The Equity Risk Premium is one of the central concepts of finance theory and practice. However, when we teach it in class (usually as part of the CAPM), we tend to do a lot of hand-waving and tell students to use historical ERPs. Aswath Damodaran of New York University has an excellent piece on SSRN titled "Equity Risk Premiums: Determinants, Estimation, and Implications" that's a must-read whether you're a professor, student, or practitioner. Here's the abstract:
Equity risk premiums are a central component of every risk and return model in finance and are a key input into estimating costs of equity and capital in both corporate finance and valuation. Given their importance, it is surprising how haphazard the estimation of equity risk premiums remains in practice. In the standard approach to estimating equity risk premiums, historical returns are used, with the difference in annual returns on stocks versus bonds over a long time period comprising the expected risk premium. We note the limitations of this approach, even in markets like the United States, which have long periods of historical data available, and its complete failure in emerging markets, where the historical data tends to be limited and volatile. We look at two other approaches to estimating equity risk premiums - the survey approach, where investors and managers are asked to assess the risk premium and the implied approach, where a forward-looking estimate of the premium is estimated using either current equity prices or risk premiums in non-equity markets. We close the paper by examining why different approaches yield different values for the equity risk premium, and how to choose the "right" number to use in analysis. (In an addendum, we also look at equity risk premiums during the market crisis, starting on September 12, 2008 through October 16, 2008.)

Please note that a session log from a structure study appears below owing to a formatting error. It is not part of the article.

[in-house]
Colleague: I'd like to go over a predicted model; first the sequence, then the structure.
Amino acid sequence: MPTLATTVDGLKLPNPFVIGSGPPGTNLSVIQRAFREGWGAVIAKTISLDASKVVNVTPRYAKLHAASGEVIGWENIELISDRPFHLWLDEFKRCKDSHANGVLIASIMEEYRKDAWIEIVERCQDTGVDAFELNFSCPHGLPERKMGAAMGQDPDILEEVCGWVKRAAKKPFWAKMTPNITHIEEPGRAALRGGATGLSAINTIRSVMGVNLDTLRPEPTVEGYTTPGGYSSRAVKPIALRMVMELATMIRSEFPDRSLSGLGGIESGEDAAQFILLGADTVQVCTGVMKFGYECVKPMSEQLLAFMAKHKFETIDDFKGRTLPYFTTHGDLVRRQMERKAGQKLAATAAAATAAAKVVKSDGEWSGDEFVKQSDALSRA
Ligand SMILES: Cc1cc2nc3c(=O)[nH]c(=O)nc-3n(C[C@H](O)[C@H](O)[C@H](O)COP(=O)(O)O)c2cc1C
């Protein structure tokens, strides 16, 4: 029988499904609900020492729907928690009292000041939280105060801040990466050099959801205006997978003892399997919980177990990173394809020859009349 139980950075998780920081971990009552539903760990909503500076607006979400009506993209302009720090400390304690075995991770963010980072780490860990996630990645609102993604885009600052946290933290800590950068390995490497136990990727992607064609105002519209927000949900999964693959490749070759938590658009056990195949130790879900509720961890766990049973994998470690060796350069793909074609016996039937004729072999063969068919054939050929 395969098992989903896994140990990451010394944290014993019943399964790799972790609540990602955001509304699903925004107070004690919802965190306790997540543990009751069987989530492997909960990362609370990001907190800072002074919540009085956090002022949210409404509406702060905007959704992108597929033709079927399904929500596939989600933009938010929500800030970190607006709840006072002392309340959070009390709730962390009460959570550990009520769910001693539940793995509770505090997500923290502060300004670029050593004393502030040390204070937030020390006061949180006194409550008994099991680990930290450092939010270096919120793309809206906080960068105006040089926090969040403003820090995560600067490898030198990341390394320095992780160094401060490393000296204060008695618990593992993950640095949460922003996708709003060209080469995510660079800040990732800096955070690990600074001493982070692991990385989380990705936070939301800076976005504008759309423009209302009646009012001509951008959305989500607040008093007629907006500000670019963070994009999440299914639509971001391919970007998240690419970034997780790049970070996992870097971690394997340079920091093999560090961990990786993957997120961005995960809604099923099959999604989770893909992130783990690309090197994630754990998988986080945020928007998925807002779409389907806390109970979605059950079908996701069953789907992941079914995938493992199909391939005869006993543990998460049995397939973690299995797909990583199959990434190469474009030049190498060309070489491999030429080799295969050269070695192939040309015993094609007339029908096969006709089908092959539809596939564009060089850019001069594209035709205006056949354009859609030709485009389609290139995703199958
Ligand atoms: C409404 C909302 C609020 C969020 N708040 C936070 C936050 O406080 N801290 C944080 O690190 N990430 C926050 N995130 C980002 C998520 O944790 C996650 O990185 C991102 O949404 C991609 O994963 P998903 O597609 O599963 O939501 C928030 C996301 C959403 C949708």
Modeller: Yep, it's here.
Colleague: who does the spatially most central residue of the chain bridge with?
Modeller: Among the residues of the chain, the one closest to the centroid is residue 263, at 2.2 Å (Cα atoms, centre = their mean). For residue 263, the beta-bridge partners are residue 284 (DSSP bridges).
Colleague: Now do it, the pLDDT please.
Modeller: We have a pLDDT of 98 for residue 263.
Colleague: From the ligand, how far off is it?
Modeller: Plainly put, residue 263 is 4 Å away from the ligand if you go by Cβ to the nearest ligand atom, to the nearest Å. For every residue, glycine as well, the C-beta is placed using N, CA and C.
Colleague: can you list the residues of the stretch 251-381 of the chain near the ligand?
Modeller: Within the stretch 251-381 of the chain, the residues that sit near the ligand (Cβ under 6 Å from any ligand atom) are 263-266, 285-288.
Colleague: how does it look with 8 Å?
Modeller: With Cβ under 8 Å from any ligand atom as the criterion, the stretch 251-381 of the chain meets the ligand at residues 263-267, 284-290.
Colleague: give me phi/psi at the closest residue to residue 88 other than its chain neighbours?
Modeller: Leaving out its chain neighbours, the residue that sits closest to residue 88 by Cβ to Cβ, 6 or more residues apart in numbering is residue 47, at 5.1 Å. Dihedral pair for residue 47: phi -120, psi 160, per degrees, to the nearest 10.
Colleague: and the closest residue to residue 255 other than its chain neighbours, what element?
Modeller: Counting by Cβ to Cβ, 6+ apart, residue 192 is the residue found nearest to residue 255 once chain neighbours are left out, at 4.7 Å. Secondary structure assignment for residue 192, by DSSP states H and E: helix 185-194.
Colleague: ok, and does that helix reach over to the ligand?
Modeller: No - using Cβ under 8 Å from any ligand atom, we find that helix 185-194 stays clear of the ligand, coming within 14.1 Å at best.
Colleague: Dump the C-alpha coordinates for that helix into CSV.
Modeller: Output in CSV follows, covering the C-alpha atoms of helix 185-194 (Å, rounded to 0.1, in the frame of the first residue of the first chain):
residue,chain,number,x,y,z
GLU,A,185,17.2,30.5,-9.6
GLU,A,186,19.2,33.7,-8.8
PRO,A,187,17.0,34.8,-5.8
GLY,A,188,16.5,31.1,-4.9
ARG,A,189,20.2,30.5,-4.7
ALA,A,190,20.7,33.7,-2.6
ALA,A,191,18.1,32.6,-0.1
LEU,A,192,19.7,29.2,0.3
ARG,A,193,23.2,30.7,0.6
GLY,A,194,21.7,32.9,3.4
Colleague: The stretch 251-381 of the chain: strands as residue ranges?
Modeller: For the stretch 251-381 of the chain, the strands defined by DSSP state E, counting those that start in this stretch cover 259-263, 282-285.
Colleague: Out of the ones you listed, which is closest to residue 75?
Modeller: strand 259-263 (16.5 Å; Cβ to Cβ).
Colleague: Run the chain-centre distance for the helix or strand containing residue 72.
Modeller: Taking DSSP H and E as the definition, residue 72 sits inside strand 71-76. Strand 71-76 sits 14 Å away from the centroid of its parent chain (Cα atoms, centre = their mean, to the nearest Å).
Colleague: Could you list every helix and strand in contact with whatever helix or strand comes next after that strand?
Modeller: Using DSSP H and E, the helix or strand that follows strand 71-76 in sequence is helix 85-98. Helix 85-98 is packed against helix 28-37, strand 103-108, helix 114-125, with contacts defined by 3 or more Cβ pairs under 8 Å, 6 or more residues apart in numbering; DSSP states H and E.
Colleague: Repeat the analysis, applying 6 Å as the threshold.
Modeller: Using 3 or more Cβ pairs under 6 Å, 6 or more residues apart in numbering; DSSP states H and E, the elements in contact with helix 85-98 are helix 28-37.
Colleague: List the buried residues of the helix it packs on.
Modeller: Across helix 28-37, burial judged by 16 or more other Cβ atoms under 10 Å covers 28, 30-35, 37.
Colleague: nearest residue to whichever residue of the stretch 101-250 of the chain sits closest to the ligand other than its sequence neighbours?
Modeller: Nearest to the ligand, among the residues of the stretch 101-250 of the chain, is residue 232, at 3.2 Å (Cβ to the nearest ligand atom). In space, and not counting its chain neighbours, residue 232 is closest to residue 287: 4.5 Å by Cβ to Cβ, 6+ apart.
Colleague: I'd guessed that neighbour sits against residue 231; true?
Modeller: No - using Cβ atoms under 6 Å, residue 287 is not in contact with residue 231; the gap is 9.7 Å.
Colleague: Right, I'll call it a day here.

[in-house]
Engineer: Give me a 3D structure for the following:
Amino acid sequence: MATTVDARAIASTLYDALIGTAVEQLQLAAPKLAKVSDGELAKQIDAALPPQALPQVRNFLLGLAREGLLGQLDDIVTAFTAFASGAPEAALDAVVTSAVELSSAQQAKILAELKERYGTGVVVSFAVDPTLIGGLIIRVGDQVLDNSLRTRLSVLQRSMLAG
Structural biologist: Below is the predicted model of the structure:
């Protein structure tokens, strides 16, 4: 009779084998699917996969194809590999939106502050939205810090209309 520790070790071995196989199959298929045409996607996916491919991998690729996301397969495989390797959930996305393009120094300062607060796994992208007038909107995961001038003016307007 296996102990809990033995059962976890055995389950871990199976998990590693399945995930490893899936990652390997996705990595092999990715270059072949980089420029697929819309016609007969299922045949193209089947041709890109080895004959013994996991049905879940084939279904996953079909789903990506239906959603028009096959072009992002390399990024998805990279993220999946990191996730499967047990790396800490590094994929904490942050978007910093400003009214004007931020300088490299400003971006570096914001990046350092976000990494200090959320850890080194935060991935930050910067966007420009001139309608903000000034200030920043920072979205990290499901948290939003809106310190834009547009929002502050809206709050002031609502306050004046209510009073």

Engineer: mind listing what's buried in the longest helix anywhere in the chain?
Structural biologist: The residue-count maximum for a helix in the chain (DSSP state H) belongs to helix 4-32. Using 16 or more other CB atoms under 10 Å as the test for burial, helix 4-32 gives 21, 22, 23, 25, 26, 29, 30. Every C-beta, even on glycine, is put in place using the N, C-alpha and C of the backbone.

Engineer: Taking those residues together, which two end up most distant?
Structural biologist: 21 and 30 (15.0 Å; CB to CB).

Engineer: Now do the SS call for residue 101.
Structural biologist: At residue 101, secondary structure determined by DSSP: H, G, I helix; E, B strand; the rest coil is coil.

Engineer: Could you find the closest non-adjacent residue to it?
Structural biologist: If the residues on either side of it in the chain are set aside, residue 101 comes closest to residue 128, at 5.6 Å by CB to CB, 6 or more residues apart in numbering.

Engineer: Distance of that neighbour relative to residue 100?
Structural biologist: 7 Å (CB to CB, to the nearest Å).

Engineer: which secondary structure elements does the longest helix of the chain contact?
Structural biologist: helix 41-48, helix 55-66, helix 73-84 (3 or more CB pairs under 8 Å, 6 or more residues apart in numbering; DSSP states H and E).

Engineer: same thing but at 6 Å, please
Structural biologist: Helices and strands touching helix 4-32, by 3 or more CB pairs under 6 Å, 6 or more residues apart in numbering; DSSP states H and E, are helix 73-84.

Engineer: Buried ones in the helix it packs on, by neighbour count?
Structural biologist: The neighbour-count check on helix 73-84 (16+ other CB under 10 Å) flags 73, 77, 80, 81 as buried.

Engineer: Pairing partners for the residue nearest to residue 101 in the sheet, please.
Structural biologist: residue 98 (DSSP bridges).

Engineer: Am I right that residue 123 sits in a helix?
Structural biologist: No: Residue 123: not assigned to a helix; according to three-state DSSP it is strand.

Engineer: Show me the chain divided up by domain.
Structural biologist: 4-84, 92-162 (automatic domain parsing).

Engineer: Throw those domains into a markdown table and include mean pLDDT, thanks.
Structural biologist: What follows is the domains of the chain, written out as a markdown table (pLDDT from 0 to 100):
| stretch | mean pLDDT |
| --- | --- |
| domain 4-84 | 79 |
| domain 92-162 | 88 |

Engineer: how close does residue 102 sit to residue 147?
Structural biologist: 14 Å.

Read the whole thing here.